What I would be most curious to see, however, is if there's any similar method of comparing things that would allow you to see how much of the improvement in fields and top golfers is due to equipment (clubs and balls) versus simply being better players/athletes (whether that be a result of more competition, more knowledge, better training methods and resources, etc.). I can't think of any particularly rigorous method off the top of my head that would allow this, but it's a neat thought experiment.

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2 hours ago, Pretzel said:

It gives the correct previously measured and known result as well, which is that modern players simply play golf better than players of the past.

The floor continues to be raised.

2 hours ago, Pretzel said:

What I would be most curious to see, however, is if there's any similar method of comparing things that would allow you to see how much of the improvement in fields and top golfers is due to equipment (clubs and balls) versus simply being better players/athletes (whether that be a result of more competition, more knowledge, better training methods and resources, etc.). I can't think of any particularly rigorous method off the top of my head that would allow this, but it's a neat thought experiment.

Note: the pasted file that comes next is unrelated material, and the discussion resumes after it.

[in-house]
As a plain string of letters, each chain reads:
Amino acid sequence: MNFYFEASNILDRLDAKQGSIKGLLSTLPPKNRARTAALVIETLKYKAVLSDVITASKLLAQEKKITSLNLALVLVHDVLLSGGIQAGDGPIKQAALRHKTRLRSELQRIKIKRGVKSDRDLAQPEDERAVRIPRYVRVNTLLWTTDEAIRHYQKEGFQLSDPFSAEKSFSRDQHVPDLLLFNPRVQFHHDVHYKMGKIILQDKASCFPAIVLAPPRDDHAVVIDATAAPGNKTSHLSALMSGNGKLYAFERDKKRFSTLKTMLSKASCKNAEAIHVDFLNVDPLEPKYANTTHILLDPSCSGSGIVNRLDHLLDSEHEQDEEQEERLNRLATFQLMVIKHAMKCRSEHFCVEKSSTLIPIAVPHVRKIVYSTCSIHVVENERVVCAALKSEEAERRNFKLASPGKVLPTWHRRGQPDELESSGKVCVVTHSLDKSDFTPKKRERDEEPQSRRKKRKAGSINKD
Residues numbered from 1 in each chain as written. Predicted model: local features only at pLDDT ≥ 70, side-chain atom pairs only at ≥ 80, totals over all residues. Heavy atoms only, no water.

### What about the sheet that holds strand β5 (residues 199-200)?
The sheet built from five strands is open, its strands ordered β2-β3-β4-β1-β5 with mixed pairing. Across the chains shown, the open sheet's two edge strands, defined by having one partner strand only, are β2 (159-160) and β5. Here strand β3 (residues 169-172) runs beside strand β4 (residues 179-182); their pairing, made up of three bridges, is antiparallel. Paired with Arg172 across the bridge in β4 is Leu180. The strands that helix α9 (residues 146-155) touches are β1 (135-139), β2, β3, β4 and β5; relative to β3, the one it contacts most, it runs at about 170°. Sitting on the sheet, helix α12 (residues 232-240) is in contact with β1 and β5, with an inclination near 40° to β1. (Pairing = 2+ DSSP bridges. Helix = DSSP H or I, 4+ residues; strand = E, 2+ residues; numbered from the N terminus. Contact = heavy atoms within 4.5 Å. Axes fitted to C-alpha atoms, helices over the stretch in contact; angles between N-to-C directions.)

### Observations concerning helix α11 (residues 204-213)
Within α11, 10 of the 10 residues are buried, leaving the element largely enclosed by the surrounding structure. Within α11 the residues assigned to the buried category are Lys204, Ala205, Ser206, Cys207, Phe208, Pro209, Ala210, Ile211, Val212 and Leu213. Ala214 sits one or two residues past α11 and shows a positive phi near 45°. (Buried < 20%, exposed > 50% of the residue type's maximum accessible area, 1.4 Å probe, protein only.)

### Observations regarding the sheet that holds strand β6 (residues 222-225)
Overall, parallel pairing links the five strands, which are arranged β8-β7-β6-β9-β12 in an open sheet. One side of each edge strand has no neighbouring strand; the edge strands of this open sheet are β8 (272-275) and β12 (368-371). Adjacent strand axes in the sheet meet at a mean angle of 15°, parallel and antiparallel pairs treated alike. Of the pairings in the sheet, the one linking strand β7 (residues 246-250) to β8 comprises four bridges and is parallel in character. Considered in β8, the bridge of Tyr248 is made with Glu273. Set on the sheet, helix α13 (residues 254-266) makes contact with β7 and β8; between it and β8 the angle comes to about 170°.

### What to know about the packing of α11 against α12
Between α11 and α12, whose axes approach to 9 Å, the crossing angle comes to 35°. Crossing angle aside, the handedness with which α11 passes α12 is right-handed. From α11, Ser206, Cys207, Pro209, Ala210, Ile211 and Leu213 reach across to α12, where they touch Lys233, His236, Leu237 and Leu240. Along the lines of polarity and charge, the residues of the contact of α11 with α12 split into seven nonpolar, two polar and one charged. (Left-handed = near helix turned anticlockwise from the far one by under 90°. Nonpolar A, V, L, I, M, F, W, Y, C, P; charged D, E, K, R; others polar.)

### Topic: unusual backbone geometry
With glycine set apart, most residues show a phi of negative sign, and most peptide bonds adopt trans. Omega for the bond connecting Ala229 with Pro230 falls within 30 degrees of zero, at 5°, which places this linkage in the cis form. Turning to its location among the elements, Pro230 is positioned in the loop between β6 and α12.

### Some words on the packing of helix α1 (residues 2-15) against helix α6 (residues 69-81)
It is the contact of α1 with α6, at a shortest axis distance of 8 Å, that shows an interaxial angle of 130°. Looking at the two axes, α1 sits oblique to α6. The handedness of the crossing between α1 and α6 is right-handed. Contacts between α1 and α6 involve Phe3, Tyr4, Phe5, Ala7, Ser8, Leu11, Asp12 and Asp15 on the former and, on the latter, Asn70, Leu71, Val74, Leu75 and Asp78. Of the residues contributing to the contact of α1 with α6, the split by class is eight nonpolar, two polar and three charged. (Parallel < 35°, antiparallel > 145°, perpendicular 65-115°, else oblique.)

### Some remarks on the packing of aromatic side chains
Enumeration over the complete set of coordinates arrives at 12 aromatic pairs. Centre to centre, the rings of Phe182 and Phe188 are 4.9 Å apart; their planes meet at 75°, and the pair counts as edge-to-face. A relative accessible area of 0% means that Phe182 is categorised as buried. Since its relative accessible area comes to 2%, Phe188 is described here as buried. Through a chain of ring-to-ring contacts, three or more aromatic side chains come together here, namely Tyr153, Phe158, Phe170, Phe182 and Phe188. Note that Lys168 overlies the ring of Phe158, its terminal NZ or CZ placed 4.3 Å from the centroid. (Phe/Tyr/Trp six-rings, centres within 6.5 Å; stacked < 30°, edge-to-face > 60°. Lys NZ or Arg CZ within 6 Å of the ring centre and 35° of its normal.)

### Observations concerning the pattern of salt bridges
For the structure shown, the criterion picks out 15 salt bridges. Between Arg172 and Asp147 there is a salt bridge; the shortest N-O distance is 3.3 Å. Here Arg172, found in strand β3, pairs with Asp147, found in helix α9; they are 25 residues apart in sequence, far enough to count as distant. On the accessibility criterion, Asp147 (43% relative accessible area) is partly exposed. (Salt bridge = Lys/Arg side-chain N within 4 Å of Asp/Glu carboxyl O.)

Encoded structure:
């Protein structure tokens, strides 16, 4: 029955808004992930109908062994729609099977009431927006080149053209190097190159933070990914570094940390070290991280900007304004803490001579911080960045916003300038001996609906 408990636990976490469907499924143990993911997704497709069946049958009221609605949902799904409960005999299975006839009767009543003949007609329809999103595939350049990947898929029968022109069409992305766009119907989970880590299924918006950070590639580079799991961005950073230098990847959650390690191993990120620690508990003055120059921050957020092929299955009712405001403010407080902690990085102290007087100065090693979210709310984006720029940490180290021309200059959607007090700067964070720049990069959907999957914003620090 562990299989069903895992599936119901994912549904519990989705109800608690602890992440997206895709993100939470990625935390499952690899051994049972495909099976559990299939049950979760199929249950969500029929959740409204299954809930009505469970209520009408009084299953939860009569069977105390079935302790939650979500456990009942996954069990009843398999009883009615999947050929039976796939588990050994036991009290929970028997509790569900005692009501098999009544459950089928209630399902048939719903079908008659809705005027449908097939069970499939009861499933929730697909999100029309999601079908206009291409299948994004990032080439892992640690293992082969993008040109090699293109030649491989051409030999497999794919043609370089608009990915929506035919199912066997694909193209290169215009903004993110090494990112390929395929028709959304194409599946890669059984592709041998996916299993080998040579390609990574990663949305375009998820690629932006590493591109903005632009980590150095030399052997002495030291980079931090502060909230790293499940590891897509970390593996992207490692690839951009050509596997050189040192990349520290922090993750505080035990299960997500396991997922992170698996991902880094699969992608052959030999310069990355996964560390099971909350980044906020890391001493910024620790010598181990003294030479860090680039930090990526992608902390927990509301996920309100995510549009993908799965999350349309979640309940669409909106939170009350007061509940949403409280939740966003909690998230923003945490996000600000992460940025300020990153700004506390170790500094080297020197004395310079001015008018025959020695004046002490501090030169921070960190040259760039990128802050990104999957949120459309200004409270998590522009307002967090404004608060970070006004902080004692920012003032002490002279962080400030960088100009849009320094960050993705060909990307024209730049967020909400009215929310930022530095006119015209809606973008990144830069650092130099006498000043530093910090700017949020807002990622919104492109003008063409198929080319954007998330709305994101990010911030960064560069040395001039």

I don't think you can isolate those types of things, because everyone tended to advance on those things simultaneously.